I maybe a Sophomoric Partizan(TM) who’s looking at all things GRIT through Rose coloured glasses but I don’t think that comment is anywhere near rational.
      Sorry but Mr M is headed for Audrey McLaughlin land

      • Billy Boy says:

        Technically 4 points higher than today, but the point is the NDP will be going into the next campaign in far better shape than it went into the 2011 campaign.

        I liked and admired Jack Layton, but it would be a mistake to see the breakthrough in QC as solely the result of Layton magic. It was years in the making; it was strategic, it was the fruit of a lot of hard work on the ground, and likely began with Mulcair’s victory itself.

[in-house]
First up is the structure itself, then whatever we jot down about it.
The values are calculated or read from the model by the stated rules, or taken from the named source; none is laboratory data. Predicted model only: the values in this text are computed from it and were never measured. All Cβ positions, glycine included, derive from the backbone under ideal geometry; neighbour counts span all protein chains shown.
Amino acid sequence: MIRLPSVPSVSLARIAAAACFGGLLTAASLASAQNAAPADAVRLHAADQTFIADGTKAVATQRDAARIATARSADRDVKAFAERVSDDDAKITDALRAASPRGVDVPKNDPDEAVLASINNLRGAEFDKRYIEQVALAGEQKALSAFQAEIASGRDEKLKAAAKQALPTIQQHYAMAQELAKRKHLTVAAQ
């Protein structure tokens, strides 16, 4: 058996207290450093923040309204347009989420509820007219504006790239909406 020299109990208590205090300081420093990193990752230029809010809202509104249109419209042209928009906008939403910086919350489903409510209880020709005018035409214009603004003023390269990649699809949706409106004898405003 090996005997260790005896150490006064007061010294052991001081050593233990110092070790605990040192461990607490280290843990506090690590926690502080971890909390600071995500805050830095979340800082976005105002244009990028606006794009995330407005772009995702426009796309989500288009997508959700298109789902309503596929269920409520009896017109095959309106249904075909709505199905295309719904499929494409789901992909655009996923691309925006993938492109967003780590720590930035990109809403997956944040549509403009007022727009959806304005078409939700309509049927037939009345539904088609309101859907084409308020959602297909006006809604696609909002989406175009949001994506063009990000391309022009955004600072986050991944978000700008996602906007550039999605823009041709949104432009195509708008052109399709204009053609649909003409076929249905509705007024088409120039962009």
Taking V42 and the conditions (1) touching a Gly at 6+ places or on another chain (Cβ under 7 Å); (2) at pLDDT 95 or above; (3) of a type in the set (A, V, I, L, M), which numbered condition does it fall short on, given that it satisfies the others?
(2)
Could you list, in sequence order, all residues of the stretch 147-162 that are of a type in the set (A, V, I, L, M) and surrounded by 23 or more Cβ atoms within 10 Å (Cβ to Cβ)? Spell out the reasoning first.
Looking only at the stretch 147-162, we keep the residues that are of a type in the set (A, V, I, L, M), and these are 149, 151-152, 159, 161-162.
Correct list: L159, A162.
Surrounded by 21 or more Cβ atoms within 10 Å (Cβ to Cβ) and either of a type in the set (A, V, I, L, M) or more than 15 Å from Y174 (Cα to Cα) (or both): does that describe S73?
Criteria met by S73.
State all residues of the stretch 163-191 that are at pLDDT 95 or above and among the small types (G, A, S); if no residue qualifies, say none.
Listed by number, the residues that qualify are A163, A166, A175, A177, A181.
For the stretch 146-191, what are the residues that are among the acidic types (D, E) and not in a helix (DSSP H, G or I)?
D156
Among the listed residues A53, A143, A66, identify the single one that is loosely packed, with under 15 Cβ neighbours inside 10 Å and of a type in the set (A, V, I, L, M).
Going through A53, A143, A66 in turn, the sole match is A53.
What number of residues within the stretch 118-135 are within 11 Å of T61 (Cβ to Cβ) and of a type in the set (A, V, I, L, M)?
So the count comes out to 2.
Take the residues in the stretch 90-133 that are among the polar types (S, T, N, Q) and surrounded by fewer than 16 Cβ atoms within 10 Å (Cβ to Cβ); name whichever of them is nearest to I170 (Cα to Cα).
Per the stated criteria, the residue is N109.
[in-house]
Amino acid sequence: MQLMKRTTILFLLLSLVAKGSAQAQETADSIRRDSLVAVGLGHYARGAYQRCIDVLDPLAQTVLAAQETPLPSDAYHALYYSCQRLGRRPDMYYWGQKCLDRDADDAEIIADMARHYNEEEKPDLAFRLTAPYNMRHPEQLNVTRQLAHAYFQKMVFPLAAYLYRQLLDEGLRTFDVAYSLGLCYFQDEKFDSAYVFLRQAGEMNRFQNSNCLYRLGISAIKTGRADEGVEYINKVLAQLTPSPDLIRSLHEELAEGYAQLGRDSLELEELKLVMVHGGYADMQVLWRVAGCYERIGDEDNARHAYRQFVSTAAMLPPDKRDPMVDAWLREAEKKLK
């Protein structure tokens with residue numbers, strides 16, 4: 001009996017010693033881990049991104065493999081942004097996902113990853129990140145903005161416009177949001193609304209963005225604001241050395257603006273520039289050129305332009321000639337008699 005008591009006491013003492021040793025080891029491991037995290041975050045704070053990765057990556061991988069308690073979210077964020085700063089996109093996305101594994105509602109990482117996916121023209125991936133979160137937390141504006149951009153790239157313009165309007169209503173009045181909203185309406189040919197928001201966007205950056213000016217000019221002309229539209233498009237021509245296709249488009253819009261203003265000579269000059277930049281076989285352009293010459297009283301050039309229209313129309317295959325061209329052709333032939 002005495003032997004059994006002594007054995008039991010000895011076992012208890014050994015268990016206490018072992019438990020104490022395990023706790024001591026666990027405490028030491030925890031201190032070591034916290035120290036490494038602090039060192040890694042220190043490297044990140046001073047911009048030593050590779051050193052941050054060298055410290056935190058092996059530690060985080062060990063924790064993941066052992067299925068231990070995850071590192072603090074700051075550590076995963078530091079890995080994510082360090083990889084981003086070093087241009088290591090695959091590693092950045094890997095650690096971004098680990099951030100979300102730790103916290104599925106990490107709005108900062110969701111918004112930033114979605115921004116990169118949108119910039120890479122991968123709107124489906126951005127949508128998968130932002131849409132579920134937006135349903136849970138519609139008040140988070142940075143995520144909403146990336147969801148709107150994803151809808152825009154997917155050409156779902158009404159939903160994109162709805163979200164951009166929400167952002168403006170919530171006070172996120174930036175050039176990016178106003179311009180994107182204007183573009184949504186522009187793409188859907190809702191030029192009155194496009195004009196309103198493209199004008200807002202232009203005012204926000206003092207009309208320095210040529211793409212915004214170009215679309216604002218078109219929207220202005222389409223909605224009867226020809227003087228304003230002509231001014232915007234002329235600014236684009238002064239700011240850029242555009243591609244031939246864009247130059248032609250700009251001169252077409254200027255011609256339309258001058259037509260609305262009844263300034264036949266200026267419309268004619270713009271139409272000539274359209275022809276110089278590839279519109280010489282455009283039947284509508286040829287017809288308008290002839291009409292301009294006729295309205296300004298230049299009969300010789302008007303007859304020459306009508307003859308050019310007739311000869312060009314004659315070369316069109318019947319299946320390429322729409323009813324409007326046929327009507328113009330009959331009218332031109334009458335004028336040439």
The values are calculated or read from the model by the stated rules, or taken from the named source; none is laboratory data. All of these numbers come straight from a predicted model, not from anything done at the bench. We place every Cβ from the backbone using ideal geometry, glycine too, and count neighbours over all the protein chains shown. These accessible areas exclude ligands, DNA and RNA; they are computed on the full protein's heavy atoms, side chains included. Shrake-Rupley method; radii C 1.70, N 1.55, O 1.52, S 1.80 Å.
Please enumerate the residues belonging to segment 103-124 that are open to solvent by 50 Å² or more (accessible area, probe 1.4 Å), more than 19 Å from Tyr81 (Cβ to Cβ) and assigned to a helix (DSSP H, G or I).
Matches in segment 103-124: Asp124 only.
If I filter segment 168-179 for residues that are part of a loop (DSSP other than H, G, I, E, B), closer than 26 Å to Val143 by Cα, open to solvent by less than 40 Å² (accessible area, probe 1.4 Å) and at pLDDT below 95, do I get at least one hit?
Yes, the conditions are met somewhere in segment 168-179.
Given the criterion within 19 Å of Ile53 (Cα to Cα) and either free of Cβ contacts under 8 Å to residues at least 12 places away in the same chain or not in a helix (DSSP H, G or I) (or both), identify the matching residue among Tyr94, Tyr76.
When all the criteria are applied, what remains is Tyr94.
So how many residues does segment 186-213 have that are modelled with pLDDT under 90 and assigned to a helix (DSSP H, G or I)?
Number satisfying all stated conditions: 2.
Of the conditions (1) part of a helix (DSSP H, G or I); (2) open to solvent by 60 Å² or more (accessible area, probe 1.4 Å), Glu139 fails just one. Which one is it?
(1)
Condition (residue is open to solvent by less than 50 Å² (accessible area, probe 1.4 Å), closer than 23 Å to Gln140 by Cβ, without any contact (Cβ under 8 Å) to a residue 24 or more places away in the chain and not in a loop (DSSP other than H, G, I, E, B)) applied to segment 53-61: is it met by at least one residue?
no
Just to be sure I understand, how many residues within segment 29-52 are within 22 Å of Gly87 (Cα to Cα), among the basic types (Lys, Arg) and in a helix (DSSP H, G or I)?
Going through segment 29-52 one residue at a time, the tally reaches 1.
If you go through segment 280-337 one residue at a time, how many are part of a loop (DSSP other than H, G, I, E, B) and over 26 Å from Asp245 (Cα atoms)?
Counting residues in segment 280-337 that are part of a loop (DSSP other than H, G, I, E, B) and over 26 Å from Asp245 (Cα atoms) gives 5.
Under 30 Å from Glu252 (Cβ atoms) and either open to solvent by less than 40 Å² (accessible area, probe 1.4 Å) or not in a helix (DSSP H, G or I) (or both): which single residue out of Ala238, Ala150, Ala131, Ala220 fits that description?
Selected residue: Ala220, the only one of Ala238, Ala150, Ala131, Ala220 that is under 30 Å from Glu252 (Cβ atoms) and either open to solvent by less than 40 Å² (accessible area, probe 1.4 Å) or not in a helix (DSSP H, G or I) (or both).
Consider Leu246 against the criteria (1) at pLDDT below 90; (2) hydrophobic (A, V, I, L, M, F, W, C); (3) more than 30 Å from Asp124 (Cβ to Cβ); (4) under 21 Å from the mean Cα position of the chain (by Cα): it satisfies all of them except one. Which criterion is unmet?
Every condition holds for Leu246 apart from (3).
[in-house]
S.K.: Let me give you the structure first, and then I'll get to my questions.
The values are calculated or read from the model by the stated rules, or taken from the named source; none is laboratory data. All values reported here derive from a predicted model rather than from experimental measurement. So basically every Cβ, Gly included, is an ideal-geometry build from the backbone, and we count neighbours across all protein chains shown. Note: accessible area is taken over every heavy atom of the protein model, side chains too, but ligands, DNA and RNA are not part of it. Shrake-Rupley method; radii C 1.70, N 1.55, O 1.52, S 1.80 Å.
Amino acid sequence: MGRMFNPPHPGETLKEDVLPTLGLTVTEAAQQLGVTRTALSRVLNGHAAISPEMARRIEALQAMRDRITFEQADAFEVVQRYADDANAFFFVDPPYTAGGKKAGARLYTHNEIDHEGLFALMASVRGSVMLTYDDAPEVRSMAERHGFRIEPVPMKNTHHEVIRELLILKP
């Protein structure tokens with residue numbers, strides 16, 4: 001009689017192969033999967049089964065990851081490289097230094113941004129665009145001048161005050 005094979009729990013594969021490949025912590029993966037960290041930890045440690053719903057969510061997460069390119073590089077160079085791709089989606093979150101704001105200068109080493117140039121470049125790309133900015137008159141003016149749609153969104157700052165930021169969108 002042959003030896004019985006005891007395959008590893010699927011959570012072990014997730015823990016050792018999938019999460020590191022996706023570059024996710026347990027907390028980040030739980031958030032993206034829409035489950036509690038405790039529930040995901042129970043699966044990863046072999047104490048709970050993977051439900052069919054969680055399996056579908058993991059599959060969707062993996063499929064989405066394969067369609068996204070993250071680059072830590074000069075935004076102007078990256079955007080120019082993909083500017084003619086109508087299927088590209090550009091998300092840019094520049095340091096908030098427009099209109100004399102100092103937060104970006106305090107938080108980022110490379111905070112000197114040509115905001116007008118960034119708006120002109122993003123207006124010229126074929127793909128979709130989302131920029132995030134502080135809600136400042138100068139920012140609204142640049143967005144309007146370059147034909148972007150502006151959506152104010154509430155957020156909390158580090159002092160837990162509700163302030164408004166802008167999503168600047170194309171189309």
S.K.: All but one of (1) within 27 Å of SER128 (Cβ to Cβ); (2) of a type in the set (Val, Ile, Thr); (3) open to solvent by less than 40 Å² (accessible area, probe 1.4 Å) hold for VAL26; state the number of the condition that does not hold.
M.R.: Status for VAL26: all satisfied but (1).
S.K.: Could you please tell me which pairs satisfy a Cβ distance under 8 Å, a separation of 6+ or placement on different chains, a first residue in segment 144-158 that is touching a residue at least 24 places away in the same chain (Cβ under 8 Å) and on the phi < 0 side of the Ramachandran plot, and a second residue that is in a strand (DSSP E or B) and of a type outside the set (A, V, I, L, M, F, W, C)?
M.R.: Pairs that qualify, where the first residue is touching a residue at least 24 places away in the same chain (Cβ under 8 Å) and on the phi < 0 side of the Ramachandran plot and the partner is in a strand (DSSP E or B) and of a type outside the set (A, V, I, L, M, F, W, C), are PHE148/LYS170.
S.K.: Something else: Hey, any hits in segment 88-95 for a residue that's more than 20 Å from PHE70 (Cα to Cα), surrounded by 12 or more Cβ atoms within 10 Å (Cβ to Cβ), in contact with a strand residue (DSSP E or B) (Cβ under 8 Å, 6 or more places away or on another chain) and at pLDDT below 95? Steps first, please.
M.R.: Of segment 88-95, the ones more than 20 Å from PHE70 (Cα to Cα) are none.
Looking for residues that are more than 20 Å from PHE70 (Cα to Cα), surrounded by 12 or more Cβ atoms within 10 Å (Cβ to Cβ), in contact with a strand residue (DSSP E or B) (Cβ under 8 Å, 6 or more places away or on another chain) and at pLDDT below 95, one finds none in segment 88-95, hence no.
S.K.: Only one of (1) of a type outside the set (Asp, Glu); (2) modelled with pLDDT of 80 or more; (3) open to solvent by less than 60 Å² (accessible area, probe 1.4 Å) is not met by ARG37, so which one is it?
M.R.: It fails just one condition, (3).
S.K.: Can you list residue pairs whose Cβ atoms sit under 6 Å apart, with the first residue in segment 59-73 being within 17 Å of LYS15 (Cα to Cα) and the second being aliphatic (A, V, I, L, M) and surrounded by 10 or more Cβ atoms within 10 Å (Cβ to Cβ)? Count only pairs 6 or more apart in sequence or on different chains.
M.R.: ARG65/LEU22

I like and admire Tom Mulcair. I like the direction he’s taking the party (unlike the ONDP for instance). The NDP (and perhaps the GPC) is only truly progressive voting option. Period.

  11. wsam says:


    Thanks. I agree though that this will not be easy.

    It is in fact dangerous.

    I cannot help but think of the Ignatieff campaign. Toward the end of his campaign, Ignetieff seized on ‘Rise Up Canada’ (if I remember correctly) as the best theme to beat Stephen Harper. According to Paul Wells, the slogan/ theme came up spontaneously in a speech and Ignatieff went with it. It appealed to Liberals like me who were/ are appalled at the terrible governance the Conservatives were providing Canada. The Conservatives are still giving us terrible government. They are a Canadian version of the Bush Administration. They share the same set of ideas that animated the neo-conservative, neo-Liberals who clustered around that dim-bulb’s failed government.